Specifically, the Action Plan identifies opportunities for pharmacies to participate in Food Is Medicine and positions pharmacists as key players in emphasizing the connection between Food Is Medicine interventions and whole-person care.

“As the role of pharmacies in the healthcare space transforms and as Food Is Medicine gains traction among patients, payers, and non-pharmacy healthcare providers, pharmacies can fill a much-needed gap in Food Is Medicine access,” the report notes.

The Action Plan offers 12 recommendations, each of which addresses key barriers in the Food Is Medicine landscape through actionable steps that pharmacies, healthcare payers, state and federal agencies, policymakers, and other key stakeholders can implement to improve Food Is Medicine-supportive reimbursement pathways, workflow processes and technology infrastructure.

Importantly, these three areas will be essential to bringing pharmacies into the Food Is Medicine landscape and moving forward the Food Is Medicine movement more broadly to expand access to Food Is Medicine for patients across diverse communities. 

  1. On Payment Policies: The recommendations center on making Food Is Medicine care a reimbursable service for pharmacists across payer types (Medicare, Medicaid, and commercial) …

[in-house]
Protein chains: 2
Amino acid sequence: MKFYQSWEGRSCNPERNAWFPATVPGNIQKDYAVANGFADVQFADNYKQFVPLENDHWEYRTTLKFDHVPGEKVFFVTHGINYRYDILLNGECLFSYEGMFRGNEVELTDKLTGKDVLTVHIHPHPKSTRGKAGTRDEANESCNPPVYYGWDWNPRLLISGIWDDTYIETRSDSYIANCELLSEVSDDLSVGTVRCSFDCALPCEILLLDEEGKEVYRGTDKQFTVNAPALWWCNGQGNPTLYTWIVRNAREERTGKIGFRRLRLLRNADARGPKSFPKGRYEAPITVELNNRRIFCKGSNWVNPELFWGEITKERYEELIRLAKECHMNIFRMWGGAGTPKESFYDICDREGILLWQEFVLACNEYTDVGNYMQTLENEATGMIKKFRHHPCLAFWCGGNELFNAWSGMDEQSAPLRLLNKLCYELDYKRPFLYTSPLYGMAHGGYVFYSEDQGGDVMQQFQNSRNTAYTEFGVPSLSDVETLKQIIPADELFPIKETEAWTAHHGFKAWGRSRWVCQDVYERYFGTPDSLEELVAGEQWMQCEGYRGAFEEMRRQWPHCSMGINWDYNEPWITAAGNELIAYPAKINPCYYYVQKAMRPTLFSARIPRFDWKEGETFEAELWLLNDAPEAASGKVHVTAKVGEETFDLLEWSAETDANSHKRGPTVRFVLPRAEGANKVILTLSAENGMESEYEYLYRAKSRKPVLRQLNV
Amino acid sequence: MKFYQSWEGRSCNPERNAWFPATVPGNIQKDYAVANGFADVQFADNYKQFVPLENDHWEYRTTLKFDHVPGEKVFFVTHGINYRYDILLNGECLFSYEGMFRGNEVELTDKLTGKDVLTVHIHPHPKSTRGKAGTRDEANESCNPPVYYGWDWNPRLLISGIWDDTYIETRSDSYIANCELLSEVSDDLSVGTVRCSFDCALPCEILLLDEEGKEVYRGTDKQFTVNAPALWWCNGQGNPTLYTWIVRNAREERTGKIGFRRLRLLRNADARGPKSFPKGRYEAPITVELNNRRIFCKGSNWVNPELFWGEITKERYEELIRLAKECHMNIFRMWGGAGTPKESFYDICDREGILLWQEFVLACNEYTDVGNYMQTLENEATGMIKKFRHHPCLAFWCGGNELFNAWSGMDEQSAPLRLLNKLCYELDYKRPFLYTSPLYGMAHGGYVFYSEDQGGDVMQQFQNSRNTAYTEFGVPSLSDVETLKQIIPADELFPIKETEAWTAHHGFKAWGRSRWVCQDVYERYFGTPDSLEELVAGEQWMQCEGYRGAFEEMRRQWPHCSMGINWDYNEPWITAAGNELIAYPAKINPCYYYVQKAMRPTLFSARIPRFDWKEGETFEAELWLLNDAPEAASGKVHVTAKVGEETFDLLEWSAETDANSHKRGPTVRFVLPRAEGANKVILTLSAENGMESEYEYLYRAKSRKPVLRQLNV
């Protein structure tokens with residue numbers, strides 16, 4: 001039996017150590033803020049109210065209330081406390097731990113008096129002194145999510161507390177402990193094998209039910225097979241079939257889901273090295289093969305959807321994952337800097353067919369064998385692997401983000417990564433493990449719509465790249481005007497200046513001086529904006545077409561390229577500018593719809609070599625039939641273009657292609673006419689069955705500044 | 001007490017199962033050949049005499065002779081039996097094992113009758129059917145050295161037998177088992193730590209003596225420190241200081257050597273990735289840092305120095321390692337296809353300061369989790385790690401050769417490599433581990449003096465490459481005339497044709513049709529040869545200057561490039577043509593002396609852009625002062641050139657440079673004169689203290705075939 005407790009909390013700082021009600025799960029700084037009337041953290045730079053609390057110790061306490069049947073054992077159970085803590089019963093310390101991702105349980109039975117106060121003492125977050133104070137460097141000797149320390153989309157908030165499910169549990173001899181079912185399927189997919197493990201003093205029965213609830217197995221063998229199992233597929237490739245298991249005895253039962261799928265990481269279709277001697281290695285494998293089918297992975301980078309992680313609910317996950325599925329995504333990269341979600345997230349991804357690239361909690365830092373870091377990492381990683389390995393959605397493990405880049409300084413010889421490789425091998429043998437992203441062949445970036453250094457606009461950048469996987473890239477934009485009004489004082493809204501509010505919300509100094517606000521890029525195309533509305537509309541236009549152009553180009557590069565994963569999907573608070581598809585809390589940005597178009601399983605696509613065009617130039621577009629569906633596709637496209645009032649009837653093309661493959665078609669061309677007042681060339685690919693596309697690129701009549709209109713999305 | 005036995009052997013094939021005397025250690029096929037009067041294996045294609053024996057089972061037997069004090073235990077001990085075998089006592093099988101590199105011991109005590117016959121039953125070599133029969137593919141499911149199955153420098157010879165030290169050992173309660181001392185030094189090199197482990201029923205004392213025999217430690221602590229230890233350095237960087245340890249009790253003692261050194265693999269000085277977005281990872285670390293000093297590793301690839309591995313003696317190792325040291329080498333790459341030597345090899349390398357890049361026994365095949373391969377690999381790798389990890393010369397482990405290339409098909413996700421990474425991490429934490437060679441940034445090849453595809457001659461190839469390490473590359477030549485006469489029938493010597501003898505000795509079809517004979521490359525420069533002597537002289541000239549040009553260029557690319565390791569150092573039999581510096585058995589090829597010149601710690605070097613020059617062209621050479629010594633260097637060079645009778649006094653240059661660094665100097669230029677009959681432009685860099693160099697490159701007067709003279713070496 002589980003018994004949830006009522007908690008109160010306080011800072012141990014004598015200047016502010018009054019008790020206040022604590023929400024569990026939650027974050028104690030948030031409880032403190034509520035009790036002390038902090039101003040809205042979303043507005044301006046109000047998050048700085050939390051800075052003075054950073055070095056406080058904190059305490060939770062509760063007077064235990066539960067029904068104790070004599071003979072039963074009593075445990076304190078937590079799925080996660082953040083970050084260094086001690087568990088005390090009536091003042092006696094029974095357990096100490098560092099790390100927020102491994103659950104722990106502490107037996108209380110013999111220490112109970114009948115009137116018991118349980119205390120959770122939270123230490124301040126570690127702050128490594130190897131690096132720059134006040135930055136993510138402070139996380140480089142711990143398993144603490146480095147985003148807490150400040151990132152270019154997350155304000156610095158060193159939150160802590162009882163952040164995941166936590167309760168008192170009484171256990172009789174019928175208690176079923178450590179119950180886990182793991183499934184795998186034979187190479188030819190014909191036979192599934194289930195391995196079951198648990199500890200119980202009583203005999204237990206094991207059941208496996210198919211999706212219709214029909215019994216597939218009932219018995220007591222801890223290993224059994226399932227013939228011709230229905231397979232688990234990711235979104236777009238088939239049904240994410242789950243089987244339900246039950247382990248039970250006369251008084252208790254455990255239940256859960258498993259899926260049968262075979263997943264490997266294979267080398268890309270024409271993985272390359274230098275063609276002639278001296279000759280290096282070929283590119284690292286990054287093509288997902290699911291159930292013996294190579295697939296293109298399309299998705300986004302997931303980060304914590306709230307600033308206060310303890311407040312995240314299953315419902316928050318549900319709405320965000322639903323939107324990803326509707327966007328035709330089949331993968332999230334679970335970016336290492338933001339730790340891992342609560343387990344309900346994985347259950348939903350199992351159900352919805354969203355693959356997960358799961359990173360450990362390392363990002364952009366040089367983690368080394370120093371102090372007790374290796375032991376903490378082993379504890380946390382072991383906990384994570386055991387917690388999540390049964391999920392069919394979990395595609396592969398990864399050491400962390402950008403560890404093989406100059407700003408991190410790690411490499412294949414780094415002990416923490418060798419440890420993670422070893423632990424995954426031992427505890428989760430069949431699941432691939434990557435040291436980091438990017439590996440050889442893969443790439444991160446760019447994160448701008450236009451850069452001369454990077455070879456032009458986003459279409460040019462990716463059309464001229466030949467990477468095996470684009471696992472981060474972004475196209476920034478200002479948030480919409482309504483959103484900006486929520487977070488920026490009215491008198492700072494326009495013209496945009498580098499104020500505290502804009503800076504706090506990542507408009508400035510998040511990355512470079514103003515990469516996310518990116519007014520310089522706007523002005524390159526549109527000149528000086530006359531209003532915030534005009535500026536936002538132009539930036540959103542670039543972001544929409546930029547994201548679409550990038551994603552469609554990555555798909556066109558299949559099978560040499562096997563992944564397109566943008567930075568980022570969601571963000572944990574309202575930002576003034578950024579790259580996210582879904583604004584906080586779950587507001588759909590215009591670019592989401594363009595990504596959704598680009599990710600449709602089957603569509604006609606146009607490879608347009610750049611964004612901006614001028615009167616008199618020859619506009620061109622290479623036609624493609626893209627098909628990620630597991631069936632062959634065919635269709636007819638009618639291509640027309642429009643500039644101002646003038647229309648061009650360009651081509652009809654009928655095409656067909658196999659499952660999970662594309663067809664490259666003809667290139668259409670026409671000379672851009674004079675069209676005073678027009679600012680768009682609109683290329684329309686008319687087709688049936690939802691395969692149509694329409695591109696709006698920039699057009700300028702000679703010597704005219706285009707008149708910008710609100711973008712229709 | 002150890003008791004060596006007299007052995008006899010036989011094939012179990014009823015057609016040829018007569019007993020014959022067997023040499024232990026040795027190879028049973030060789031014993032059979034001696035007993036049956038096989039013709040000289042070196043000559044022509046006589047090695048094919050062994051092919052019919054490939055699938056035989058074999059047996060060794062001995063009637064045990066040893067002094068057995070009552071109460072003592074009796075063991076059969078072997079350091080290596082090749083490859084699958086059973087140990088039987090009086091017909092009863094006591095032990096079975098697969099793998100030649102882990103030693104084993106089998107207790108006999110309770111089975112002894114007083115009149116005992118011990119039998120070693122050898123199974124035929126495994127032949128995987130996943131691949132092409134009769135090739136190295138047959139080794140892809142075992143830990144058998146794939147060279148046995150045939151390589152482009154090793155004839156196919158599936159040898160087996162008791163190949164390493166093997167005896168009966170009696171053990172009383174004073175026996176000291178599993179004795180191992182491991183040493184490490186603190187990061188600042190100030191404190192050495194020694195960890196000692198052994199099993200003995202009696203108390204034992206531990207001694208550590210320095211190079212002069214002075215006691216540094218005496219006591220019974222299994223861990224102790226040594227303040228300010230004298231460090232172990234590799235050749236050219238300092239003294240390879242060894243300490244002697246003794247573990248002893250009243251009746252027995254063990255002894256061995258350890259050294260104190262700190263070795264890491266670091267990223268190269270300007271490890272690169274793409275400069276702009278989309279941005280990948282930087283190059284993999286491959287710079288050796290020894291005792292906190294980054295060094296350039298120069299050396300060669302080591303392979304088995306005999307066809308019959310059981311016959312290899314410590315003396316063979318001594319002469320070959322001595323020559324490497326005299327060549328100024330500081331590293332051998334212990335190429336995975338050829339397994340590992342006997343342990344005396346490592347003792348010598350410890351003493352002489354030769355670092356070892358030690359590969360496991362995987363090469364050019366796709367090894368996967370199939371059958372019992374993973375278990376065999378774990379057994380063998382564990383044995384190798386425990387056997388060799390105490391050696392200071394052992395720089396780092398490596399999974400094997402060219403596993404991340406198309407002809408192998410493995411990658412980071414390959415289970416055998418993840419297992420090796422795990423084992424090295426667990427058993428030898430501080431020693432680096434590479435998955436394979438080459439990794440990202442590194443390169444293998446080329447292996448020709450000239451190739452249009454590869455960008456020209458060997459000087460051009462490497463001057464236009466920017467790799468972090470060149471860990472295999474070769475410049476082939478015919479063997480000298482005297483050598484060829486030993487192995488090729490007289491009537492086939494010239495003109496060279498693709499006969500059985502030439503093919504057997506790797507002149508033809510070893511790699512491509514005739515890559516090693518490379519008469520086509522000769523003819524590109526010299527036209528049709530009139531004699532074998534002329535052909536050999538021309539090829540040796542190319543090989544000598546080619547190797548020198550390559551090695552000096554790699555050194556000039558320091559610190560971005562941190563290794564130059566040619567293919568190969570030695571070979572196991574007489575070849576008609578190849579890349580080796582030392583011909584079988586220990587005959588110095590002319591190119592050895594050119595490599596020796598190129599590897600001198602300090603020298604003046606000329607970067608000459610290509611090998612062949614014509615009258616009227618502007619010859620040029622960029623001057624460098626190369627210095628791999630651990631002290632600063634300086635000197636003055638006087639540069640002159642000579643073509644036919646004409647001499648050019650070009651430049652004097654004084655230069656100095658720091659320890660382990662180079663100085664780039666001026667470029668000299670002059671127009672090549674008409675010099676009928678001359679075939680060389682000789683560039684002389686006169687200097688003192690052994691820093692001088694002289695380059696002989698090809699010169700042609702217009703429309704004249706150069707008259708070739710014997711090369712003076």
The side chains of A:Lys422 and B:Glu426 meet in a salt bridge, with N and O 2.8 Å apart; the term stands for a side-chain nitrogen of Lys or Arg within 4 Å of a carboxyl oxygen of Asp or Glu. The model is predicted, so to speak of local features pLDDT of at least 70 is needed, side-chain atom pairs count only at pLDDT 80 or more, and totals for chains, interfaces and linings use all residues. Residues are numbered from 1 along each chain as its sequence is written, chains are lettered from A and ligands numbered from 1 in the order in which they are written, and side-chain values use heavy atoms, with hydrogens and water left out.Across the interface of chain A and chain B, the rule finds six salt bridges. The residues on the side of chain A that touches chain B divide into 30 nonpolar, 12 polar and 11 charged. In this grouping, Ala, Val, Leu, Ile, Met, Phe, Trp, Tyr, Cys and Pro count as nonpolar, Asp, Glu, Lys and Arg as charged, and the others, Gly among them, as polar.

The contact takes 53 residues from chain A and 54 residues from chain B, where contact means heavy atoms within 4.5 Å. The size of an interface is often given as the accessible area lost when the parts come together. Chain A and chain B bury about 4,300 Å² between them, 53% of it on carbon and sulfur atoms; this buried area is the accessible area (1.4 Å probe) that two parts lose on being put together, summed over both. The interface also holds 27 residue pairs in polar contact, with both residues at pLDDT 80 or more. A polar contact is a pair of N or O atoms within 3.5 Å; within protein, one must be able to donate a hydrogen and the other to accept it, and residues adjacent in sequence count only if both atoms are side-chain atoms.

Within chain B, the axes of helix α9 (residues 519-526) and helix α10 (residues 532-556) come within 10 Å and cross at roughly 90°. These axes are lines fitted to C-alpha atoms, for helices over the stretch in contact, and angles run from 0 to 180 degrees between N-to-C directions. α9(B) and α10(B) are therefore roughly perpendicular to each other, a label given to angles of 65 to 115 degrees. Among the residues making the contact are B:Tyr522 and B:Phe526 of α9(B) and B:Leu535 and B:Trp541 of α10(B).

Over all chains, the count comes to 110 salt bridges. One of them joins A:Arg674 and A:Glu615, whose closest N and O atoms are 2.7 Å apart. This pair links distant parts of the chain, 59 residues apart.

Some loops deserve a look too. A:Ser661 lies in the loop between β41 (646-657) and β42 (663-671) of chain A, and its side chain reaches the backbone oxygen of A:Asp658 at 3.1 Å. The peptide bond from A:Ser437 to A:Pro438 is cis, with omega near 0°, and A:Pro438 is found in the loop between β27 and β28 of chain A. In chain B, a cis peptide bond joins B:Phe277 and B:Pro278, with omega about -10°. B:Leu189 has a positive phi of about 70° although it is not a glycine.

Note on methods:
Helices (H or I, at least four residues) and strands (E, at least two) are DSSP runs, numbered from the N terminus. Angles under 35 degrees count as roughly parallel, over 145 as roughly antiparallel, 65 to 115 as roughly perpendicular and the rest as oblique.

• RECOMMENDATION 1: Recognize pharmacists as eligible providers under Medicare Part B to establish reimbursement for clinical services. 
  • RECOMMENDATION 2: Include pharmacies as reimbursable service providers within state Medicaid Section 1115 demonstration waivers.
  • RECOMMENDATION 3: Incorporate Food Is Medicine interventions into Medication Therapy Management services in Medicare, Medicaid and private insurance.
  • RECOMMENDATION 4: Incorporate community health workers into pharmacy operations to improve patient healthcare access through existing reimbursement options.
  • RECOMMENDATION 5: Enhance partnerships between employer-sponsored health plans and pharmacies to include Food Is Medicine benefits.
  1. On Pharmacy Operations - Workflow: The recommendations discuss the need for seamless integration of Food Is Medicine into pharmacy workflow processes without burden on pharmacy teams …
  • RECOMMENDATION 6: Create a seamless and efficient process to identify Food Is Medicine-eligible patients so pharmacies can connect them to interventions, either externally or in-store. 
  • RECOMMENDATION 7: Utilize front-of-store capacities to serve as a one-stop-shop for Food Is Medicine interventions. 
  • RECOMMENDATION 8: Foster collaboration between pharmacists and dietitians as part of an interprofessional team to complement a patient's medications with additional lifestyle modifications.
  • RECOMMENDATION 9: Refer patients to external Food Is Medicine resources through social-needs aggregator platforms. 
  • 3. On Technology: The recommendations highlight the need for interoperable technology infrastructure to support nuanced Food Is Medicine data sharing throughout the healthcare ecosystem …
  • RECOMMENDATION 10: Improve data interoperability for pharmacists to document their services and exchange clinical information. 
  • RECOMMENDATION 11: Implement technology solutions to improve and streamline the patient care experience. 
  • RECOMMENDATION 12: Coordinate evaluation data throughout Food Is Medicine stakeholders to better track health outcomes and improve care coordination.